HTC 10's Camera On Par with Samsung's Galaxy S7 edge, According to DxOMark
Despite its announcement from last month, camera enthusiasts site DxOMark has stated that the camera sensor of HTC's new flagship, the HTC 10, is on par with that of Samsung's own Galaxy S7 edge.
DxOMark described the HTC 10 as being a “good all-rounder for stills and videos,” with its UltraPixel 2 camera being able to process and exhibit relatively sharp details in all conditions with good exposure. The site went on to say that the phone's autofocus and texture preservation is something that it excels in, making it a great choice for shooting moving subjects, or for capturing detailed landscape and architectural shots.
Indoors, the HTC 10's camera is also performed well, where light is limited and low-light photography becomes the main issue of the camera sensor. DxOMark reported that under extreme dim conditions, the HTC 10 was able to strike a balance between noise reduction and sharpness, and also ensured all textures taken in darker surroundings only had a fine luminance of grain visible.
At the time of writing, HTC had yet to announce an official launch date, but rest assured we will be bringing you an in-depth review of the phone the minute HTC provides us with a review unit.
Huawei Reports 2015 Revenue
Huawei recently announced its financial results for 2015 for all three of its business groups: Carrier, Enterprise, and Consumer. In total, the three business groups generated a total of US$60.8 billion (approx. RM236.44 billion) in annual revenue worldwide, an increase of 37 percent year-on-year. “In part, Huawei owes its long-term growth to the sheer size of the ICT market, which is the driving force of digital economies around the world,” Guo Ping, Huawei's Deputy Chairman and Rotating CEO said.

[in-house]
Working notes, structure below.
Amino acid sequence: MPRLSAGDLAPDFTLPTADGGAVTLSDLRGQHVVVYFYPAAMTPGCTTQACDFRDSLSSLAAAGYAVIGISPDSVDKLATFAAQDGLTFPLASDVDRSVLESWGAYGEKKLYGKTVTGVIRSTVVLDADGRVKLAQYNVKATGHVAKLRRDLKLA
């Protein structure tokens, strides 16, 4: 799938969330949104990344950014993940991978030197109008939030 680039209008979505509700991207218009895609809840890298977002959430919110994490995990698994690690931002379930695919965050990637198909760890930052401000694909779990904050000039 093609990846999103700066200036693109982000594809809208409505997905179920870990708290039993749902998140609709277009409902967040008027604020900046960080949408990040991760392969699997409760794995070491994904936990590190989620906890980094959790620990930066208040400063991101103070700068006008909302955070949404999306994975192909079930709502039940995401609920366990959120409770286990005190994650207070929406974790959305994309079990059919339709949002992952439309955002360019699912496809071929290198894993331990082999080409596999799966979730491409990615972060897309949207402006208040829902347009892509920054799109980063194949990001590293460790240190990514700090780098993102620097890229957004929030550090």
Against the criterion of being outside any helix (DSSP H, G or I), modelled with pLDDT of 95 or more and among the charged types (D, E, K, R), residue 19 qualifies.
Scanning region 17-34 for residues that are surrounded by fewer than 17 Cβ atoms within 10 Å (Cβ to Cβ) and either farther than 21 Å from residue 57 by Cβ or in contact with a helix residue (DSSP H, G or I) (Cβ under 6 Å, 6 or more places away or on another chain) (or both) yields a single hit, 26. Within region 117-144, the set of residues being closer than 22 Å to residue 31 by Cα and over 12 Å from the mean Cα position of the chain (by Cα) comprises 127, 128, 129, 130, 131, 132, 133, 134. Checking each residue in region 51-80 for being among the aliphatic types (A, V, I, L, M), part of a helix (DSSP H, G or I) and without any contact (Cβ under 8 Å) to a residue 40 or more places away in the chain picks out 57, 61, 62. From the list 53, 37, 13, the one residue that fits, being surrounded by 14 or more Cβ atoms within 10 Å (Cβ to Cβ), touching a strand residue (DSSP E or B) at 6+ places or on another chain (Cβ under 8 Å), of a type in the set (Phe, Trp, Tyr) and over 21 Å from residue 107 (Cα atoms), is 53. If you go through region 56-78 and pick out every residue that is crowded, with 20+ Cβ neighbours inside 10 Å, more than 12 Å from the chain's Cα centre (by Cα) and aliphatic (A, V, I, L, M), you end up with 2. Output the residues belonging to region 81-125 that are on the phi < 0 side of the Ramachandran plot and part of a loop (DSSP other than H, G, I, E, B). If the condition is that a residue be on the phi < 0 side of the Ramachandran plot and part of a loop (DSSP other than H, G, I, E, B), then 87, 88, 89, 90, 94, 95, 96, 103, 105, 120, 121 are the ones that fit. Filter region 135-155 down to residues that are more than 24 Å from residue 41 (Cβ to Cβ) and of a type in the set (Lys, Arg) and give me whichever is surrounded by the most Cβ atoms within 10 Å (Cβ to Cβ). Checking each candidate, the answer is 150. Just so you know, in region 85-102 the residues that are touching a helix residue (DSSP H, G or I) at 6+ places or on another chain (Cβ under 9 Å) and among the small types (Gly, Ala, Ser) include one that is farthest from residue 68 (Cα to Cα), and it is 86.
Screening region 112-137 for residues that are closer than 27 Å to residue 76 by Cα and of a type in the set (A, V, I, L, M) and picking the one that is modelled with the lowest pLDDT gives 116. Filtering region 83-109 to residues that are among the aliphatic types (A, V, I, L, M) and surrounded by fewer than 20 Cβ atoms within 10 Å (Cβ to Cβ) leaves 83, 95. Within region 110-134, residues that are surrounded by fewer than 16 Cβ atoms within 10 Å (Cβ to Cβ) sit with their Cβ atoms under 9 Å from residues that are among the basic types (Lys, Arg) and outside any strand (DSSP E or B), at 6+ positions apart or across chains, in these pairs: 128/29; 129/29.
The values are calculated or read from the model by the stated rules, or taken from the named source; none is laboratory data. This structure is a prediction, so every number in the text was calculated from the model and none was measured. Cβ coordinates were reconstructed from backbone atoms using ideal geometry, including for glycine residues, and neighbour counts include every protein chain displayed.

Google Scans Six Billion Apps Daily for Security Threats
Google's latest annual report showed that in 2015, it had scanned over six billion installed apps daily, in order to protect Android users from malware and other Potentially Harmful Apps, or PHAs. Google also claimed that it is less likely for PHAs to slip into Google Play, and reported that PHAs have fall over 40 percent in 2015, compared to 2014. Despite the claims, researchers at the University of Cambridge revealed that over 87 percent of Android devices are still insecure due to lack of security updates.
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